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A biosphere reserve is an area of land or water that is protected by law in order to support the conservation of ecosystems, as well as the sustainability of mankind’s impact on the environment. This means that each reserve aims to help scientists and the environmental community figure out how to protect the world’s plant and animal species while dealing with a growing population and its resource needs. These areas were created by the United Nations Educational, Scientific, and Cultural Organization (UNESCO) under a program called Man and the Biosphere (MAB) in 1968. Since its creation, MAB has helped dozens of countries create biosphere reserves. In order to create a reserve, a country must suggest an area of land for the MAB to approve.
There are three main parts to a reserve. The first part is called the core zone, which is strongly protected for the conservation of biological diversity — to make sure that different types of plants and animals are safe from human impact. The second part is called a buffer zone, and surrounds the core zones and provide a space for environmental research, recreation, and tourism. The last part is called a transition zone, and this area is for local communities that have a hand in managing the resources of the area through farming, fisheries, and other non-governmental activities. Ultimately, the ways that these three zones operate depend on the specific needs of the biosphere reserve they are in.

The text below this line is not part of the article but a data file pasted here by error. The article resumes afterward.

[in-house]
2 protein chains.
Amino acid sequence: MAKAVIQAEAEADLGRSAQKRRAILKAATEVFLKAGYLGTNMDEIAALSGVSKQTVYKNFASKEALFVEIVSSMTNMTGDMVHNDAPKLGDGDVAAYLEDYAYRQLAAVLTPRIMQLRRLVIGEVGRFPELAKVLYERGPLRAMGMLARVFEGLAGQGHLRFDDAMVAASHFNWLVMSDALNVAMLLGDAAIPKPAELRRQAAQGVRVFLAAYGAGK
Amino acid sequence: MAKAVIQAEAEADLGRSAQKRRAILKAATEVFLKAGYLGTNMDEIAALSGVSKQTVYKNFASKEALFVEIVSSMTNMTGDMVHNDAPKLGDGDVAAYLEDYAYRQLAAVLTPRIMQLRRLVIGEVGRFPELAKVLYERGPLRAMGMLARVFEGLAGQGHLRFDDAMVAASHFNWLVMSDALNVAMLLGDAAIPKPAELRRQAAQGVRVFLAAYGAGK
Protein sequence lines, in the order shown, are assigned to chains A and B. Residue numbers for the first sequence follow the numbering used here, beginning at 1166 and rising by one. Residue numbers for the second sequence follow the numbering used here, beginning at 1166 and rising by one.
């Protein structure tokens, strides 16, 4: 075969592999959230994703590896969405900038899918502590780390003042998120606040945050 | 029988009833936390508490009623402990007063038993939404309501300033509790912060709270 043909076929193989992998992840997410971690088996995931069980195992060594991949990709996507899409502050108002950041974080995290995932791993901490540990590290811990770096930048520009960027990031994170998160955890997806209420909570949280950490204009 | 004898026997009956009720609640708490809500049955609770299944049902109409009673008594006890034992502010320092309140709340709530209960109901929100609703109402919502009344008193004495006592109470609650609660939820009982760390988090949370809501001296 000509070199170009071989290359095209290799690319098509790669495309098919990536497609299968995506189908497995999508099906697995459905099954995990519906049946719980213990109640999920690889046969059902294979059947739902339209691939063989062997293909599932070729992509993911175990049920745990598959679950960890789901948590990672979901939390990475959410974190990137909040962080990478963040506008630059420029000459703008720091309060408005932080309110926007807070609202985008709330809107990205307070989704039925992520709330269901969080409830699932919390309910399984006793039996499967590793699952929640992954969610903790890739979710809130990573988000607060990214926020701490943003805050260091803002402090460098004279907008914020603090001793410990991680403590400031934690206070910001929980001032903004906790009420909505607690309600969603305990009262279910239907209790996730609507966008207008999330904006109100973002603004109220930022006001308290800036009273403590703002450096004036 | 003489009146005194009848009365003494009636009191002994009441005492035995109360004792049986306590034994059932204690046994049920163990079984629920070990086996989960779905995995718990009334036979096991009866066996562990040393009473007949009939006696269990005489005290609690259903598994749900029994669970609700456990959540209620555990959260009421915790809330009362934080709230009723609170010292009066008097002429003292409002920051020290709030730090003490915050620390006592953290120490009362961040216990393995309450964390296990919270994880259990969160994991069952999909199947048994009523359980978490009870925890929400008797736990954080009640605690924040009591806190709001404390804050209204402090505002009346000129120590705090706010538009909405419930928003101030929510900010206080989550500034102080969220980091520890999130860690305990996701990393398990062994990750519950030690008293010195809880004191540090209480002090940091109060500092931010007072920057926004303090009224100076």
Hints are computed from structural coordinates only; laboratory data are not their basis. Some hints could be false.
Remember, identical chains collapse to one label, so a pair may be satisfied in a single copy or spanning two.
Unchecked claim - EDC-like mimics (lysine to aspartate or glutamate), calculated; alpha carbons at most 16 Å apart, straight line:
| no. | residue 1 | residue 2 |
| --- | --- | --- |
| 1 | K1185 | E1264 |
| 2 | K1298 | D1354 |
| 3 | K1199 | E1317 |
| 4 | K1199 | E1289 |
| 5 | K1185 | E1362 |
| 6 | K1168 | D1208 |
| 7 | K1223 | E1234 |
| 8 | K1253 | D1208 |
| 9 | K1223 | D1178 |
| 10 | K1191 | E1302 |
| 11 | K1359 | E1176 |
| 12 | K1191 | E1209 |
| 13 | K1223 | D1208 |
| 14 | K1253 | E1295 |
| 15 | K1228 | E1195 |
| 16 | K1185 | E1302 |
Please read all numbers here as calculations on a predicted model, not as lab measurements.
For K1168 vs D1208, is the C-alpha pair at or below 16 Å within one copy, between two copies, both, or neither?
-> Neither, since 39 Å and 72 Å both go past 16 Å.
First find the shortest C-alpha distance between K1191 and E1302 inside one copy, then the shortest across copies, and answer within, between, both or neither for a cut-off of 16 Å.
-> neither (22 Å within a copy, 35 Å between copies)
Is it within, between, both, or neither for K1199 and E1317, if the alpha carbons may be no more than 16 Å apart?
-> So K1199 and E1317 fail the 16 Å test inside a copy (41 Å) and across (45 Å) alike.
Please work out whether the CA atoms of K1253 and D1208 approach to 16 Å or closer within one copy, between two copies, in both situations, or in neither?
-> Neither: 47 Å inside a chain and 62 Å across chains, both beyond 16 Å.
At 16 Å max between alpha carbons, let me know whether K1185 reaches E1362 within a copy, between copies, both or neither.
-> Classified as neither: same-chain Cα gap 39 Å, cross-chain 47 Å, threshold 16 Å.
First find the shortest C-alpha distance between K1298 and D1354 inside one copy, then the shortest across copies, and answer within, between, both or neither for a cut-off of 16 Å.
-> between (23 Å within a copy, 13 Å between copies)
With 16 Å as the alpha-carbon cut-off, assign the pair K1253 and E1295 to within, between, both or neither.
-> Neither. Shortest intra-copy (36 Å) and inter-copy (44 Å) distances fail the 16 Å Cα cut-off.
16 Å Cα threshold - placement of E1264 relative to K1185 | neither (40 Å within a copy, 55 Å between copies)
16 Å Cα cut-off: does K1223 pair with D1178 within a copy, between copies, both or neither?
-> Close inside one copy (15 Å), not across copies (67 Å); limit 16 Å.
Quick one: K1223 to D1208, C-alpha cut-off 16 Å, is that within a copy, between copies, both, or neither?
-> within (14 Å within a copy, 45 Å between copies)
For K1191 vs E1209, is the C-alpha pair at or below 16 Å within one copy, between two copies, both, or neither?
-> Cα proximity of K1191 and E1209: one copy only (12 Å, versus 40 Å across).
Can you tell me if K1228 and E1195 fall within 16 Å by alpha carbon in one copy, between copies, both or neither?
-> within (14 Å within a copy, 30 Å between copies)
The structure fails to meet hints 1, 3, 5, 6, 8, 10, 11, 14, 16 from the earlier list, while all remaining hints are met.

Each reserve is governed by the country in which it resides, which allows each country or state to use the area for the region’s specific needs, making sure that every reserve is used wisely and for the benefit of the communities around it. As a result, each biosphere reserve has different laws and regulations about its maintenance.
There are many benefits to biosphere reserves. Not only can they help raise awareness of humankind’s impact on the environment, but they support local communities in the maintenance of the natural environment around them. They are also used for environmental recreation and education, meaning people can use the reserves to teach others about the environment, as well as use the land for nature activities, such as hiking and fishing. Reserves have also been quite helpful to scientists, because they create large areas of land for people to research plants, animals, and the overall conditions of the ecosystem.